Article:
Narrowing Your Marketing Focus


Are you trying to market to anyone and everyone that might even remotely have a need for your services?  Rather than spreading your time, energy, and marketing budget so impossibly thin, focusing on one or two very specific segments of your market will likely reap you far greater rewards and at much less cost.

By defining your ideal prospects in as detailed terms as possible and then focusing your marketing message specifically to that group, your chance of making inroads rises, as you become recognized as the “expert” that really understands and can help resolve the pain points of that group.



Do Your Homework
Operating in a niche market means you’re working with a smaller pool of potential clients, so it’s hyper-critical you get to know them intimately.  Who are they?  What are their demographics?  What are their buying powers and buying cycles?  Be crystal clear in your marketing to show potential clients how your services understand and answer their needs.


Test the Waters

Because you’re marketing to a smaller specific group, it’s important to make sure you get the message just right.  You can do this by providing promotional offers, which in turn will provide you with valuable information about potential client response, but won’t break the bank to execute.  Things like offering a free webinar or sample newsletter, addressing the needs of that particular niche is a great way to test their reactions to your services.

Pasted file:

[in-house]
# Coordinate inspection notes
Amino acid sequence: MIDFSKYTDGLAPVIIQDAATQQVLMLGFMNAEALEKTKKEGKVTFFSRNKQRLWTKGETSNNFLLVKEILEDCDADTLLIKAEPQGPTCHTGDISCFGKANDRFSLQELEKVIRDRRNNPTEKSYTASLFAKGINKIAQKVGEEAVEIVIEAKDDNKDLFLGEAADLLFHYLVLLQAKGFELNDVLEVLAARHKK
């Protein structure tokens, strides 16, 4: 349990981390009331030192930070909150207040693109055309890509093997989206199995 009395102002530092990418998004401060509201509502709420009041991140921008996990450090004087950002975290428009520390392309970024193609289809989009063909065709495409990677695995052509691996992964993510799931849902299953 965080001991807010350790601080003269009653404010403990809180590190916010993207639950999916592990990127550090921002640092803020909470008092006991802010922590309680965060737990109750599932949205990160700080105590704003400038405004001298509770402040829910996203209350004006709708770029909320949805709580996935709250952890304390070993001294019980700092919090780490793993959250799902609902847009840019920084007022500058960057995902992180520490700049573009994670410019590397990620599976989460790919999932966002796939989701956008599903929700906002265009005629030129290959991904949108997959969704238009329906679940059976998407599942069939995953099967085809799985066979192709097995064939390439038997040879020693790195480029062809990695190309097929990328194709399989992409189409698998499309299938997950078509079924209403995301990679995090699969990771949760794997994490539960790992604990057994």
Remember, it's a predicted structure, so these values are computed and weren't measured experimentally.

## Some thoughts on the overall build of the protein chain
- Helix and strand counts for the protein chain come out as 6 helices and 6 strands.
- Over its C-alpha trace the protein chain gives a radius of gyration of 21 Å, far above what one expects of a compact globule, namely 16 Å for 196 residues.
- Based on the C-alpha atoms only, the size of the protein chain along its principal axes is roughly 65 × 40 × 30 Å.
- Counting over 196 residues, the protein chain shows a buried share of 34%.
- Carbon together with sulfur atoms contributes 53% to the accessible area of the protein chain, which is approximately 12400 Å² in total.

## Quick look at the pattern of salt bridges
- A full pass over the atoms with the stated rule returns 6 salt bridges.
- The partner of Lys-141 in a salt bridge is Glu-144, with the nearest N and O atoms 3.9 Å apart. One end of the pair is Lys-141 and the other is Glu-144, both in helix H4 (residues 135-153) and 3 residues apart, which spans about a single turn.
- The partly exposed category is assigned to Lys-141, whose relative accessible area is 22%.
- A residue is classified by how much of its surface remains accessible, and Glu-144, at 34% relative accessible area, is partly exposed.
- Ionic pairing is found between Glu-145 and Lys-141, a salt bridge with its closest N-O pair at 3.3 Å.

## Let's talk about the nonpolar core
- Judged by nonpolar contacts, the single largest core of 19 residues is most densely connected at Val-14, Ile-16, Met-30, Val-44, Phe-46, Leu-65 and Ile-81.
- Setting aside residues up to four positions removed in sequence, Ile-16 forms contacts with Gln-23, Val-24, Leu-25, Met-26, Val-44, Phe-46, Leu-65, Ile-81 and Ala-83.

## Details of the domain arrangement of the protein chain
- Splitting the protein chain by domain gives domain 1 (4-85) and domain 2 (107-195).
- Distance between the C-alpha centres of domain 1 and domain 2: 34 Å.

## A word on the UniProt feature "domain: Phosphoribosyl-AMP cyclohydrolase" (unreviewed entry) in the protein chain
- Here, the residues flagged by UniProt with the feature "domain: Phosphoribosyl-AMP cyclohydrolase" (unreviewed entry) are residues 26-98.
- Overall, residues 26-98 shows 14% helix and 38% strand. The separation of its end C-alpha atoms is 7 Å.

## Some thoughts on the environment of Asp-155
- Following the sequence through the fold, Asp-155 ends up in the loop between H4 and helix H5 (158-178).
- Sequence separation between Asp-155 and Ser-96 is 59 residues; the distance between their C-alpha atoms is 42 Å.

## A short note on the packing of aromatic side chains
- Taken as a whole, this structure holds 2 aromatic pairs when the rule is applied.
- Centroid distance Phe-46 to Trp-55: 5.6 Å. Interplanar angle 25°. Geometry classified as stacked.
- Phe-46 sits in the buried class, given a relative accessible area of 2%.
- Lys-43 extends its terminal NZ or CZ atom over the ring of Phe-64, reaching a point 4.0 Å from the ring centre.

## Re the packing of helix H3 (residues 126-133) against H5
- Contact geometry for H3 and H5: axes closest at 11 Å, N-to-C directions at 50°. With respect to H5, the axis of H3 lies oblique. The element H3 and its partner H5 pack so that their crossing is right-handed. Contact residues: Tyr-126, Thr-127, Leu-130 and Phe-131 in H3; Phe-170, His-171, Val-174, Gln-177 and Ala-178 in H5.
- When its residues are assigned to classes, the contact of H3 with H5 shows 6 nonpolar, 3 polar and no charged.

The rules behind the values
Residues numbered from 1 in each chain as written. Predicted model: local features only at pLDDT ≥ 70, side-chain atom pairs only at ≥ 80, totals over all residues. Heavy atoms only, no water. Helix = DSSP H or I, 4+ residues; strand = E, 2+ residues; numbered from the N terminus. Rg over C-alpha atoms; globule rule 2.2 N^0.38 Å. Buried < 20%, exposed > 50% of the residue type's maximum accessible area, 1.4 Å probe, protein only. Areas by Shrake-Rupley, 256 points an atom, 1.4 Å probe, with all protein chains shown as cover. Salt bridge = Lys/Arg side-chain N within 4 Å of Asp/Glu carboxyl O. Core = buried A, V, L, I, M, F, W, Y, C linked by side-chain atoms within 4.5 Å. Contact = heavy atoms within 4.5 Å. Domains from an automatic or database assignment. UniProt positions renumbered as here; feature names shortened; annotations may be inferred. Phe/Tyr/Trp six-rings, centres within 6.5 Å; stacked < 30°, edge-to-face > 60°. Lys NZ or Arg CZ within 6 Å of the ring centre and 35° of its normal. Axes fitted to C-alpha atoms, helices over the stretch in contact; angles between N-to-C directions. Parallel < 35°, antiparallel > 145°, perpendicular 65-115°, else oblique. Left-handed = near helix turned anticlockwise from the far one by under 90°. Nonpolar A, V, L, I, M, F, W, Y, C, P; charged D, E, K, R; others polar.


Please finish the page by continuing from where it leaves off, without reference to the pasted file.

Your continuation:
You can create an economical Corefact custom postcard to mail out about a webinar of other offer, or create a custom newsletter.


How to Get Started

It makes sense to narrow your market by choose a niche in which you already have experience, talent, connections and an understanding of their needs. This won’t reduce your need to study and research the market, but it will give you a good starting point.

Don’t let fear hold you back from narrowing down your market.  Fear of leaving money on the table, or that the niche may not be big enough to find enough clients. Fear that you won’t be able to penetrate the niche.  For the most part those fears are unfounded, if you’re willing to put in time, effort, and consistency.  There is likely more money to be made being a big fish in a small pond, than being a small fish in a big lake. Focus, focus, laser sharp focus!


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